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Michel Piccoli

May 10, 2008 at 2:47 am

At the French Cinematheque the other night, at the opening of Humbert Balsan’s retrospective, director Serge Toubiana (who writes an interesting French language cinema blog) called to the scene Michel Piccoli, to say a few words about Balsan. For me this was an unexpected appearance. I was thrilled to see the actor in person. He is now an old man, in his 80s, and if I passed him on the street I probably would have never recognized the man that I know from so many films.

A real titan indeed. His filmography includes more than 200 titles, and he still takes on roles. Showing to students a clip from Godard’s Contempt in an introductory cinema class (the moment in the screening room, with Fritz Lang and Jack Palance), lets me encounter the young Piccoli at least once a year. In my mind, however, Piccoli is engraved rather with his powerful presence bordering on a madman, full of sexual intensity. At least, this is how I have come to think of him from his best performances in films by Bunuel (Diary of a Chambermaid, Belle de Jour), Marco Ferreri (La Grande Bouffe), and in lesser-seen gems (Francis Girod’s L’etat sauvage, Youssef Chahine’s Adieu Bonaparte, Jacques Rivette’s La Belle Noiseuse, Manoel de Oliveira’s I’m Going Home). Piccoli is certainly a perfect candidate for the title of a cult actor!

Late one night last month I came across a film with Piccoli on one of the French TV channels. It was clearly something from the 1970s, judging by the visual style. A truly engaging viewing, one could not get away, a film that had no talk, the characters were only making sounds and yet communicating perfectly and everything was clear. Piccoli, the protagonist, was a working class man who goes mad and rebels against society, sexually and morally. He goes on a self-styled strike, a sort of siege of his semi-destroyed apartment. Some neighbors are outraged but some like it and join in; the police (shown as stupid and corrupt) cannot do much to get him out of the barricaded room; it is all resolved at the end with the arrival of a lovable mason, played by Patrick Deawaere, who puts everybody at peace with his friendly whistling. It took me quite a bit of time to search the next day to find out which is the film, but I finally identified it as Themroc, directed by Claude Faraldo, a film that seems to be available only in the UK on a very limited basis for the time being (so buy it). It is a potential cult classic that has been shot simultaneously or just before the making of La Grande Bouffe, a film that fully unleashes Piccoli’s dark manly force.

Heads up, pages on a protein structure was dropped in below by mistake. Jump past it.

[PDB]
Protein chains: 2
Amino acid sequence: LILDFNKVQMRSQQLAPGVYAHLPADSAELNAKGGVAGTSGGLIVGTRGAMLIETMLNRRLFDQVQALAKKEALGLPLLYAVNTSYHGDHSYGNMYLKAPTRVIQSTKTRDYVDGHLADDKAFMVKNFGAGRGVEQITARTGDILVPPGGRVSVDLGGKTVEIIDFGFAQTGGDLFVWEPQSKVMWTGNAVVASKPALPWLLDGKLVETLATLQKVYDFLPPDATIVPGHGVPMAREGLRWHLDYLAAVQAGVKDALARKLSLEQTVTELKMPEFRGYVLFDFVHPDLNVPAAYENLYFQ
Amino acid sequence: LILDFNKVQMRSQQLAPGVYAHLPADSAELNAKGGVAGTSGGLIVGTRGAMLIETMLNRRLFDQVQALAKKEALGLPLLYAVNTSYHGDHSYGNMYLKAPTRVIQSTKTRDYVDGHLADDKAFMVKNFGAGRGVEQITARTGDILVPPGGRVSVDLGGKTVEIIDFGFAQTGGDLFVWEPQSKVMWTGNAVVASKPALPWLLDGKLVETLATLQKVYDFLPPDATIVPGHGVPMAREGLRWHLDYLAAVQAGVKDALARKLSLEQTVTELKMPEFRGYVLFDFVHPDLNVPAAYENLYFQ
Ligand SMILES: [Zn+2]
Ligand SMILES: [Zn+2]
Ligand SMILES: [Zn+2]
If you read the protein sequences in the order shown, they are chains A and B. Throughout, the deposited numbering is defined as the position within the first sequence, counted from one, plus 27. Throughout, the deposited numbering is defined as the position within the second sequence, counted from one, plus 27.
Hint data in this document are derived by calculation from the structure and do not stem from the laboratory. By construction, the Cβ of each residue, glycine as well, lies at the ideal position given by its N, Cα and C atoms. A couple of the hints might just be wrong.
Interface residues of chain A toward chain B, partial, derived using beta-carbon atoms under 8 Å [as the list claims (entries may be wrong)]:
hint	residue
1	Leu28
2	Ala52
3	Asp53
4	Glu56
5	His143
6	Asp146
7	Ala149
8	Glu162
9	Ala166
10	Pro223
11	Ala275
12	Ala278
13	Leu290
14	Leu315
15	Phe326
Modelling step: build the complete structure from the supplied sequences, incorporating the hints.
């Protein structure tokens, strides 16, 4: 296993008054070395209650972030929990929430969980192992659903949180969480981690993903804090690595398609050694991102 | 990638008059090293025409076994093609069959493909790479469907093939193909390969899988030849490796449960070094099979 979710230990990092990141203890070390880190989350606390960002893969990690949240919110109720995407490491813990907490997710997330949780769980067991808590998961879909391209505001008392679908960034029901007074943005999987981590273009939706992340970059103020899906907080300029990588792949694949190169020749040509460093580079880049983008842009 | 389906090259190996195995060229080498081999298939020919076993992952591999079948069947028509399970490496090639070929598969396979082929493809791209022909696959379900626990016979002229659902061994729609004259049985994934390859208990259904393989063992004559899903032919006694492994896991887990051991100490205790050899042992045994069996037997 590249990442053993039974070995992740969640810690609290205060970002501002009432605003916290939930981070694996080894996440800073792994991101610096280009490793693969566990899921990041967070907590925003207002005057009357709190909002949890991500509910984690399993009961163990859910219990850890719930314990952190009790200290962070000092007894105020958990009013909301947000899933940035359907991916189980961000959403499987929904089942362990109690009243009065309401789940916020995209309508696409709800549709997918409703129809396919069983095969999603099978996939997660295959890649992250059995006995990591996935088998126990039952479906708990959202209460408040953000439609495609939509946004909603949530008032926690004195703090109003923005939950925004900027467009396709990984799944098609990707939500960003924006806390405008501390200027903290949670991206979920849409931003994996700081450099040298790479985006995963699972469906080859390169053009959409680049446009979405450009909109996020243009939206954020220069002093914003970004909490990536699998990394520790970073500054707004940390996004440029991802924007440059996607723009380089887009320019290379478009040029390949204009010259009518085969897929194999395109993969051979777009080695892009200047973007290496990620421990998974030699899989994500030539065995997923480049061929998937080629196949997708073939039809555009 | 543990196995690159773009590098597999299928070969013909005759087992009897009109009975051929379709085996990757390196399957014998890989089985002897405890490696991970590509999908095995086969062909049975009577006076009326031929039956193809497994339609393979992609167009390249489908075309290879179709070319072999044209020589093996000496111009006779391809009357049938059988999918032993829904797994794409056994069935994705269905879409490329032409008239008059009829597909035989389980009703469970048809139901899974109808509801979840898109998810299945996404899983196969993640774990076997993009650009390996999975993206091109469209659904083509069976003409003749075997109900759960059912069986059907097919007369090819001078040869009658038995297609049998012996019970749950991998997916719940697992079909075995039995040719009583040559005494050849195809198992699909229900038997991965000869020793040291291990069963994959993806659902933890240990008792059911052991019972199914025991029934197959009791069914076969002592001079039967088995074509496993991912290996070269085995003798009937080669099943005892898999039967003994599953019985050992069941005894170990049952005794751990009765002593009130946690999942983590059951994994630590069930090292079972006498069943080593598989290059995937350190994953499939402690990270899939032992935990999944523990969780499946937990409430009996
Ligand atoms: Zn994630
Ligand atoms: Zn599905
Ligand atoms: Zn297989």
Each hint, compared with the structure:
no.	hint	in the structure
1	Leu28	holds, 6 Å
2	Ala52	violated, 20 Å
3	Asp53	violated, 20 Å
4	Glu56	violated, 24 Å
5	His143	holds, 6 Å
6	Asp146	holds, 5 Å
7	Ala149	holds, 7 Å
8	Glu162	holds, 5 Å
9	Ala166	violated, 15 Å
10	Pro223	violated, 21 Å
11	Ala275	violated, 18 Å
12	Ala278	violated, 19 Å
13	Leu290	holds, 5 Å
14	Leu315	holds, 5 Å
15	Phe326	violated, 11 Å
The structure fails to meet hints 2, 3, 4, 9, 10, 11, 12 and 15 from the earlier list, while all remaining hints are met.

Piccoli today. He looks pretty much like this in Manoel de Oliveira’s short at Chacun son cinéma. There he plays Nikita Khrushchev!

© Dina Iordanova
10 May 2008

Humbert Balsan retrospective at the French Cinematheque, Paris

May 9, 2008 at 1:08 am

This retrospective, which opened two days ago at the Cinematheque Francaise at Bercy, features the work of the producer. Balsan committed suicide in 2005, on the very day of the opening of Berlin Film Festival, reportedly over serious financial difficulties, leaving the European film community distraught and bewildered. Some of the films that he had committed to at that point, like Bela Tarr’s The Man from London, have since been completed (See Dave Kehr’s revealing hommage to Balsan at the Rouge web-site).

One of the most versatile French producers with more than sixty titles to his name, Balsan worked with key international figures like Ismail Merchant and James Ivory (The Proprietor; Mr. & Mrs. Bridge; Jefferson in Paris; Quartet), with French directors, such as Sandrine Veysset (Y aura-t-il de la neige à Noël?/ Will It Snow for Christmas ) and Claire Denis (The Intruder), and produced films directed by actors like Brigitte Rouan (Post coitum animal triste) and Jean-Louis Trintignant (Le Maitre-nageur ).

More uniquly, however, Balsan was committed to working with directors from the Arab world and the Middle East. Besides a host of documentaries, he produced most of the important work of celebrated Egyptian Youssef Chahine, as well as films by Youssry Nasrallah, and Lebanese Maroun Bagdadi . He was the man behind some of the most important films of the decade, such as Ismael Ferroukhi’s pensive Mecca-pilgrimage Le Grande Voyage and Palestinian Elia Suleiman’s Divine Intervention.

Balsan would have been 54 today. He entered cinema as an actor and appeared in a host of smaller roles later on.